SBOMs, however, allow you to take this one step further, making it language-agnostic and allowing components from different ecosystems to use a common language for comparisons and analysis. However, we don’t get those features out of the box. For example, consider common libraries in different package repositories - are all OpenSSL packages created equally and equivalent?

OWASP is playing a part in this via its support for projects like CycloneDX which aims to provide a full-stack BOM standard to cover specific scopes such as the CBOM (Cryptography) and HBOM (Hardware) among others.

This shift towards software being more transparent and traceable is not without its detractors, as entire business models are predicated on customers using purely opaque boxes.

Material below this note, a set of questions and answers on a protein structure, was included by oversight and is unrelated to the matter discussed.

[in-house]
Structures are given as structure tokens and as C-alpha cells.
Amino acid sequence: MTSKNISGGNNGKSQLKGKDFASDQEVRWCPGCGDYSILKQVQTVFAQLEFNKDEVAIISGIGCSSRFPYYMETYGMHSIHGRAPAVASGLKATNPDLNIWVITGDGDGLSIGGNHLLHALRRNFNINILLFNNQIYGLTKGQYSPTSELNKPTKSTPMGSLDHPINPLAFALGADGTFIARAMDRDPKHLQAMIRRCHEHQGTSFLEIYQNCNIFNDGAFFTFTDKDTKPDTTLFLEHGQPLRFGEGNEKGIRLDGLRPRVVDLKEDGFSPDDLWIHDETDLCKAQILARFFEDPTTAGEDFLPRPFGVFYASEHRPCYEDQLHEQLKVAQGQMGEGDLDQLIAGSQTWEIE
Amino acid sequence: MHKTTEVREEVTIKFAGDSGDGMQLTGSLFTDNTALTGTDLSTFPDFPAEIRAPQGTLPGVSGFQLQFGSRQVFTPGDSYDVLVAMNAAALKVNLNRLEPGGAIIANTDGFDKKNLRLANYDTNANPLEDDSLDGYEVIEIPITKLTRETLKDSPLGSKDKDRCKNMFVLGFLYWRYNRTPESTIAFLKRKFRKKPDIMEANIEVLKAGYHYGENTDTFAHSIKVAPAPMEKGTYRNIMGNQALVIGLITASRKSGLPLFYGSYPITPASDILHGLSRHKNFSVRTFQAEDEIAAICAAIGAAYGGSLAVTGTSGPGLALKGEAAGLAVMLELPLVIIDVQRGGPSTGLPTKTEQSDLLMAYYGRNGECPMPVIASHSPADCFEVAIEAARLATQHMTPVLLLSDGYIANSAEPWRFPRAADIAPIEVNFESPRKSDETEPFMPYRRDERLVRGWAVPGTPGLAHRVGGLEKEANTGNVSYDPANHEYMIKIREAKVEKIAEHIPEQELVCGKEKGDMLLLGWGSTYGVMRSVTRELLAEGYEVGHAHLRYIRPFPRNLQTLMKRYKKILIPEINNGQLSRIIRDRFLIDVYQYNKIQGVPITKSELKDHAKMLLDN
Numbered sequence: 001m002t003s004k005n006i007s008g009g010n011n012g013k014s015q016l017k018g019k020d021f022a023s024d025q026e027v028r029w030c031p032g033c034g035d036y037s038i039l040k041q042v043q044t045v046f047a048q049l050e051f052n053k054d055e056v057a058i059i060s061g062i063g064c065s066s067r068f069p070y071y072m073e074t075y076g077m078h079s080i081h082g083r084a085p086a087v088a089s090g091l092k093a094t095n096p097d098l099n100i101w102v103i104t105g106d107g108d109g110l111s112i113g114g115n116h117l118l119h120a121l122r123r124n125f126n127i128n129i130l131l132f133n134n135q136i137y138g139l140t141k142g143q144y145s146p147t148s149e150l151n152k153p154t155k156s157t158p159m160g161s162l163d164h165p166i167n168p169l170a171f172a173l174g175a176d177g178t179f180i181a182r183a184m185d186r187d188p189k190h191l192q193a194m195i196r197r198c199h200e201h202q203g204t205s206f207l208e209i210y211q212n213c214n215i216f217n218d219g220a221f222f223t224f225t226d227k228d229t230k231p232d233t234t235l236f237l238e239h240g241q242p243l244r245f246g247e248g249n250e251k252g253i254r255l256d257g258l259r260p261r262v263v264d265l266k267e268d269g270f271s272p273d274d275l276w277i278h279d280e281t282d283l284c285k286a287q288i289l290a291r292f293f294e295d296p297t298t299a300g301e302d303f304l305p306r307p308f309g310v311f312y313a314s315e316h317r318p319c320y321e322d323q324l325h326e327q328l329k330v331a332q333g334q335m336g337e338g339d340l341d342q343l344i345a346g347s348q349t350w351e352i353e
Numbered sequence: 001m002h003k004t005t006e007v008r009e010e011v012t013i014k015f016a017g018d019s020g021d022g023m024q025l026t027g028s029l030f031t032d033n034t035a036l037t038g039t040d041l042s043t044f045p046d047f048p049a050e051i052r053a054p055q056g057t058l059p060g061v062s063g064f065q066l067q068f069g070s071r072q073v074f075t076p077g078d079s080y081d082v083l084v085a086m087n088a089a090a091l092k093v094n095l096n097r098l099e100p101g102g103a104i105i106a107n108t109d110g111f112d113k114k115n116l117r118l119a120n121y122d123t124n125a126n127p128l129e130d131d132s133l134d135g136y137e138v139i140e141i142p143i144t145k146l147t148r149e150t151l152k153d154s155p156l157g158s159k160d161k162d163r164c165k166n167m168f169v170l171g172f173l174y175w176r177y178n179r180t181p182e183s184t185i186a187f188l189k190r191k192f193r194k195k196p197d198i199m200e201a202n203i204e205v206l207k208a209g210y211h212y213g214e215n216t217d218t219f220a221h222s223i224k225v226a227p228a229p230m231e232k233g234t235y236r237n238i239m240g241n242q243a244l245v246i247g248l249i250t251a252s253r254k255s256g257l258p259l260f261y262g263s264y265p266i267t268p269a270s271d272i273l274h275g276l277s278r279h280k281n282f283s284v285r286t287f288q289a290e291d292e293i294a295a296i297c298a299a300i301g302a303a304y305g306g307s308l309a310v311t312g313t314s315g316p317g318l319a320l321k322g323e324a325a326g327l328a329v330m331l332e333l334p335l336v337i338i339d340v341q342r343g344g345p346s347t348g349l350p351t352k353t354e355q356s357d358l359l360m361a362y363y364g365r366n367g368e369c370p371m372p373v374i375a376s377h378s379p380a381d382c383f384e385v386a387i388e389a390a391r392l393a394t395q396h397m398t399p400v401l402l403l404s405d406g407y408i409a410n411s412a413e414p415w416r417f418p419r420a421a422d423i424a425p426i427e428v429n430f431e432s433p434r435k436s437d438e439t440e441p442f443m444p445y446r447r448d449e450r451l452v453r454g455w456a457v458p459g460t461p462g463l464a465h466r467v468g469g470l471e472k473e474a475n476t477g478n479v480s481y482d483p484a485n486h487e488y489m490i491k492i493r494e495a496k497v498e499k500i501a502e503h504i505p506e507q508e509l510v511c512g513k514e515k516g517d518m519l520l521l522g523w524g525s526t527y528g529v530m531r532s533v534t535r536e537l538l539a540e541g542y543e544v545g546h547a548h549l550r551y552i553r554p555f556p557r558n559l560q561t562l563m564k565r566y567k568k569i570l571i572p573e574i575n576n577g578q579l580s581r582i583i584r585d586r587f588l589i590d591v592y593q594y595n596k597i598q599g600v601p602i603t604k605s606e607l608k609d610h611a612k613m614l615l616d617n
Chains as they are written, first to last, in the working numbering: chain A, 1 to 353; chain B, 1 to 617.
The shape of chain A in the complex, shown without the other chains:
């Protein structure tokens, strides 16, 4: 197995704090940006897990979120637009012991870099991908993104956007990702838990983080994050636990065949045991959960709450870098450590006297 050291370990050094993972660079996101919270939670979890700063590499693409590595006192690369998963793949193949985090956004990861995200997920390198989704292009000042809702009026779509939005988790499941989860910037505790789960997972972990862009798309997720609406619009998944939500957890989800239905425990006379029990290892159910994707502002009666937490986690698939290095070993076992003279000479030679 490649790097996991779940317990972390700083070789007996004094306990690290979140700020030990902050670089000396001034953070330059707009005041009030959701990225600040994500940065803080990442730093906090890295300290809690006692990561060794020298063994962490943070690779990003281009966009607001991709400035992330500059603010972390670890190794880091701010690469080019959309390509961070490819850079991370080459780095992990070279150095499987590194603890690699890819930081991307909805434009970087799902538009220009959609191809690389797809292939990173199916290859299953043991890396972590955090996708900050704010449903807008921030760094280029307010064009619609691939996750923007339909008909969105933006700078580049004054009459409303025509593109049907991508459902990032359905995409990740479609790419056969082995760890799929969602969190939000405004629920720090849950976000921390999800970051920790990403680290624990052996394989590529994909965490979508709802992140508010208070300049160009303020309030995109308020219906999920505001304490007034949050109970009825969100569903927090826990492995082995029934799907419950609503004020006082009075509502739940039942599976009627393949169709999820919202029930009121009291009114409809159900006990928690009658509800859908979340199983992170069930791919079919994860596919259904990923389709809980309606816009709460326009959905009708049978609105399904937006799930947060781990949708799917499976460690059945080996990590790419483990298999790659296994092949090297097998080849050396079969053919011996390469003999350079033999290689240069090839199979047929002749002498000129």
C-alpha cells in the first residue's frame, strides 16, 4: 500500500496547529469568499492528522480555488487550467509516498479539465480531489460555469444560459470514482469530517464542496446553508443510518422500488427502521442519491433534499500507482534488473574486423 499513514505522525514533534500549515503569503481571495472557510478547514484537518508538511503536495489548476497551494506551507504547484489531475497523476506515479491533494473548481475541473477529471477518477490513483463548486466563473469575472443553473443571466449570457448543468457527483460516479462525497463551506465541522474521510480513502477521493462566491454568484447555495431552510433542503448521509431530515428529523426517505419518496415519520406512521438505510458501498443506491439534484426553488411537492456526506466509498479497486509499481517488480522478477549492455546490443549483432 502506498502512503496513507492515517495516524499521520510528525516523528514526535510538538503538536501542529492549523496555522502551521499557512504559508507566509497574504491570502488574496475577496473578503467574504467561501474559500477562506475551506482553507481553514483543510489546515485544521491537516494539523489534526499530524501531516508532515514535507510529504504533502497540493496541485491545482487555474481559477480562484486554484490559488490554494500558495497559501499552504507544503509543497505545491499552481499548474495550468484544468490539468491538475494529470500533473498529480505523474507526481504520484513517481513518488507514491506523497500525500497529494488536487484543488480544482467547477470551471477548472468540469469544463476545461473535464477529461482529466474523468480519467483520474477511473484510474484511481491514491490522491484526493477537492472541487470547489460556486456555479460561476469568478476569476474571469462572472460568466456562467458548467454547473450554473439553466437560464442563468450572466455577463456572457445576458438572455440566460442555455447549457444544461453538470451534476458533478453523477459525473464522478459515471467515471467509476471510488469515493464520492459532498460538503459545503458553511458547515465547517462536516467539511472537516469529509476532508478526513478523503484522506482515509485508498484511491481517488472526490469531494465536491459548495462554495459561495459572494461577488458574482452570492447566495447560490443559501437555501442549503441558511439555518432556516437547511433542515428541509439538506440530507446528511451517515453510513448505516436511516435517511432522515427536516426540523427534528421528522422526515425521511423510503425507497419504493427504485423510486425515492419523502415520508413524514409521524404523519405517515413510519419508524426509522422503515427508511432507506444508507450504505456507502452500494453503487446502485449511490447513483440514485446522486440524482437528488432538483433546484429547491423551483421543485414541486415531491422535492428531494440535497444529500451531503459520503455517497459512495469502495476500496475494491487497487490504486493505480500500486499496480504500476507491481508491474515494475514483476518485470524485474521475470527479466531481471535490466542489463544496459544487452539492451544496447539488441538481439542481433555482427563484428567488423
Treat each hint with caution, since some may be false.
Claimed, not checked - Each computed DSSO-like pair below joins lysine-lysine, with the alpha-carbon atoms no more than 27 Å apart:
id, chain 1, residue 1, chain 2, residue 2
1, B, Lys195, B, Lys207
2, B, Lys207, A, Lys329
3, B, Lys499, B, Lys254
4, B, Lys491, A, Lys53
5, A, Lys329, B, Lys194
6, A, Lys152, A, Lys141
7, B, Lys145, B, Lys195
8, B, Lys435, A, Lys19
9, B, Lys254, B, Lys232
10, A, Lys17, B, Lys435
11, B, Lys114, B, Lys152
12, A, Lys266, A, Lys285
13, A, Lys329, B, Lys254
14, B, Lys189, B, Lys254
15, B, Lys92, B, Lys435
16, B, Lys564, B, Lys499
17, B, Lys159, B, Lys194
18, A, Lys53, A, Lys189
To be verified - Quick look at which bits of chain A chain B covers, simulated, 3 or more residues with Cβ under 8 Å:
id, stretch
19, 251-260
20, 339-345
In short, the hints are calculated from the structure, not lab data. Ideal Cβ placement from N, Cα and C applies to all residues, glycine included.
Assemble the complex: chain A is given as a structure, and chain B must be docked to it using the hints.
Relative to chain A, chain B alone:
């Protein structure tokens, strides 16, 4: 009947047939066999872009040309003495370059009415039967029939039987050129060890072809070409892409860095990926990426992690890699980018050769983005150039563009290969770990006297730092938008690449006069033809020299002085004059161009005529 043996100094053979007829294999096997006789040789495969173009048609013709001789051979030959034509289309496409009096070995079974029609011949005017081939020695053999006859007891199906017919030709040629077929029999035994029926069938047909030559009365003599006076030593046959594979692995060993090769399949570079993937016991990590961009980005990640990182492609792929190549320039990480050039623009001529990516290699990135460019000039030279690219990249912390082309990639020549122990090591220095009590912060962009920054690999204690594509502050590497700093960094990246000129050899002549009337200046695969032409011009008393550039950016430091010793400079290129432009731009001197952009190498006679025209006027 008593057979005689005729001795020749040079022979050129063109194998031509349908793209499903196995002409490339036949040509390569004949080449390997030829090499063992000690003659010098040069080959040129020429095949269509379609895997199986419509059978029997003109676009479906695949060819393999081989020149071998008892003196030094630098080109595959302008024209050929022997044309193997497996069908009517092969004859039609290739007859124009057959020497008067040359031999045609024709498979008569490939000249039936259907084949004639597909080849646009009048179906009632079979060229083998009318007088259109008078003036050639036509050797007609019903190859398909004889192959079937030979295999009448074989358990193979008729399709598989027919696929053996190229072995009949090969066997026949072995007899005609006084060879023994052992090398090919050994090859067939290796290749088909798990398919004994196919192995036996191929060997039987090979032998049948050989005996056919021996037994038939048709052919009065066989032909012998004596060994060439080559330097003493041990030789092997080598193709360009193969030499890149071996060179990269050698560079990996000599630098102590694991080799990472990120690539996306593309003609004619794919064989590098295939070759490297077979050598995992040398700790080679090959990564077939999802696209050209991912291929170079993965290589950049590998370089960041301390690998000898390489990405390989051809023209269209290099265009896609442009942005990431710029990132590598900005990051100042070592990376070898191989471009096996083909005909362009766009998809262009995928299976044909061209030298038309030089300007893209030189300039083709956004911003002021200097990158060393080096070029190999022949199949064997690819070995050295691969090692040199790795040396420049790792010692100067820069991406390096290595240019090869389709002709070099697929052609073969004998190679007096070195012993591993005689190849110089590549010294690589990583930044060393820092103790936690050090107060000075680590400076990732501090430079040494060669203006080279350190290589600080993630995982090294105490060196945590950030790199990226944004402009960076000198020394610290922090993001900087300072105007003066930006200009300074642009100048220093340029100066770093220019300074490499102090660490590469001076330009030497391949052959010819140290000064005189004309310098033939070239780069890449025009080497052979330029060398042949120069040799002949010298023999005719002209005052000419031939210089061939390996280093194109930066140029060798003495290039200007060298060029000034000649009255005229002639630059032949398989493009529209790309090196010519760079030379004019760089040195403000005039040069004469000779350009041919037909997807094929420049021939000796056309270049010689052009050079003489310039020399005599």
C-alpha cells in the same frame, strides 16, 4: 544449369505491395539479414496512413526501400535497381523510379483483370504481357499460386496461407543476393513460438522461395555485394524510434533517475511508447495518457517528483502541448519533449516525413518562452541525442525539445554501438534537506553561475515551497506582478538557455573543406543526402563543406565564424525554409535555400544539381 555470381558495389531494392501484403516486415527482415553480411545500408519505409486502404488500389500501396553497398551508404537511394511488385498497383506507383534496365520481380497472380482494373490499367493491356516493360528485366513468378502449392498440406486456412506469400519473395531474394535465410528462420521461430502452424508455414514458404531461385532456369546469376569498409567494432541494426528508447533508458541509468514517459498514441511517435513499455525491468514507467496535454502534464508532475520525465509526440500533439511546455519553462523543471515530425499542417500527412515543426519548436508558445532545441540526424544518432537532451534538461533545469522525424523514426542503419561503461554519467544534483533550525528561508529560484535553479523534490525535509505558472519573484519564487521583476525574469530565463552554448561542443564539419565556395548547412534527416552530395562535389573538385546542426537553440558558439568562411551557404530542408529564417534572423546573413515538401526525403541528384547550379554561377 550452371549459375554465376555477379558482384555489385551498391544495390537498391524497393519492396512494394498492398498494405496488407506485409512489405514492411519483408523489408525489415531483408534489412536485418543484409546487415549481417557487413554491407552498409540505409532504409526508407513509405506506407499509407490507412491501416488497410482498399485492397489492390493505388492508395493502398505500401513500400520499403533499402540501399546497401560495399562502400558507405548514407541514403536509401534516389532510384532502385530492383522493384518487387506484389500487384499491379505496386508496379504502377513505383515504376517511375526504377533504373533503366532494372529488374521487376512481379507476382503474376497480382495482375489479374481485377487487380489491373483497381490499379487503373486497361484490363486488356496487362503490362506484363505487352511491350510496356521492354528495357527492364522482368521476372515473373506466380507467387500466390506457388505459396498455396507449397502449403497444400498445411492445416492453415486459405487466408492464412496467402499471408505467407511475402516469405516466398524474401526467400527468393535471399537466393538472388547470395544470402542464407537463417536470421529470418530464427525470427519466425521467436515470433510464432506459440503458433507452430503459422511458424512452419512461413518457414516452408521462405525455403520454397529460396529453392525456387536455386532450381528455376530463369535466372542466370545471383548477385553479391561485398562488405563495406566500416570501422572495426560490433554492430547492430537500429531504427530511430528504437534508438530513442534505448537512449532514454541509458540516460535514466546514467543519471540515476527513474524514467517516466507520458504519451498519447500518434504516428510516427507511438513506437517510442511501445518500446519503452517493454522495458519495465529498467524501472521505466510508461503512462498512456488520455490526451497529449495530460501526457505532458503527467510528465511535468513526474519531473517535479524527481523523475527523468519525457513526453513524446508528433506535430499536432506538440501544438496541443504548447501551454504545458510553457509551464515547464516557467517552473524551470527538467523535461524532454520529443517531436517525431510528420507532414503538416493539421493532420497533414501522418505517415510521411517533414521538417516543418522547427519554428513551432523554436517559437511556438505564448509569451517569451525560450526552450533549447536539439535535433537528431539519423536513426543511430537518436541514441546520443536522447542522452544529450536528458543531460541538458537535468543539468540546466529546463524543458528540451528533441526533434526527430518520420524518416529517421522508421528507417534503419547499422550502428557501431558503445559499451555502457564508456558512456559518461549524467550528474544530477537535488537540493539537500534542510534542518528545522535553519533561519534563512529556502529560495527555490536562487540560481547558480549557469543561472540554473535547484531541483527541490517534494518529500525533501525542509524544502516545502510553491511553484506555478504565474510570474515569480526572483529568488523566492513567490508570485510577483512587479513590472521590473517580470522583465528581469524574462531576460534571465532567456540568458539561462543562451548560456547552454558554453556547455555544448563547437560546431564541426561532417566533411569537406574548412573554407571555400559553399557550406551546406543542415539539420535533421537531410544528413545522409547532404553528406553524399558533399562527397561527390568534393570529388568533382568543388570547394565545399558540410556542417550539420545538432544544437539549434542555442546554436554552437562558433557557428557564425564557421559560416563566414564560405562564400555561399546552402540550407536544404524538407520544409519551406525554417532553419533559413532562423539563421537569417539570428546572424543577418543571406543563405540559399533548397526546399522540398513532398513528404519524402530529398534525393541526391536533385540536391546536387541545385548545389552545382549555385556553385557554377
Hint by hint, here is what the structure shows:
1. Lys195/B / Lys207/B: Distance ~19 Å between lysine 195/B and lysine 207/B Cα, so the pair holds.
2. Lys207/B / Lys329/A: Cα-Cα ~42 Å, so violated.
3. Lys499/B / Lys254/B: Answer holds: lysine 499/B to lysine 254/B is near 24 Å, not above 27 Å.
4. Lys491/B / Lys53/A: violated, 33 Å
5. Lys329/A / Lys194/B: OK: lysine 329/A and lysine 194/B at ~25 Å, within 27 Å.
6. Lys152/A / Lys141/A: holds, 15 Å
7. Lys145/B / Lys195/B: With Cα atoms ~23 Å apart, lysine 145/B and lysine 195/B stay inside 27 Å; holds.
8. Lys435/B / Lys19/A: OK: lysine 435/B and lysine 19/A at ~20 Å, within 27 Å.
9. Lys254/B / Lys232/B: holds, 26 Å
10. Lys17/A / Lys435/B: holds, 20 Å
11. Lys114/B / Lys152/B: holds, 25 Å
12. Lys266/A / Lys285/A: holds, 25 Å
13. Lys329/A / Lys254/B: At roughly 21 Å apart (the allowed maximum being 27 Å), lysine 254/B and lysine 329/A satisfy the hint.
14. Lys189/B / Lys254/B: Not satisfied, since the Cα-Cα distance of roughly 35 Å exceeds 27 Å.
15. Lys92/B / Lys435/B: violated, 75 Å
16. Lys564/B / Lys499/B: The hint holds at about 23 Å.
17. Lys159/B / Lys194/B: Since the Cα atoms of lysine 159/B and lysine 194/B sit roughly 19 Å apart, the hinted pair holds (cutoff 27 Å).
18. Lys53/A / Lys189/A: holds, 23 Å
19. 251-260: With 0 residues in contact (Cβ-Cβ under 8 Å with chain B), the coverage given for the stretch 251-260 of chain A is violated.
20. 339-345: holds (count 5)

In the spirit of the topic, here is a Talk Bill of Topics:

  • Are BOM requirements burdensome?
  • Are we revealing too much of the “secret sauce”?
  • Does having an SBOM instantly make a piece of software more secure?
  • If we take a piece of software and replace every entry in its BOM with fully equivalent packages, one by one, is it still the same software in the end?

This talk targets a beginner to intermediate audience and will provide an overview of (S)BOMs, their ongoing challenges, and what they can bring to the table in terms of security.”

Diogo Sousa

“An opinionated individual with an interest in cryptography and its intersection with secure software development.”

LinkedIn

Participation

Call for Talks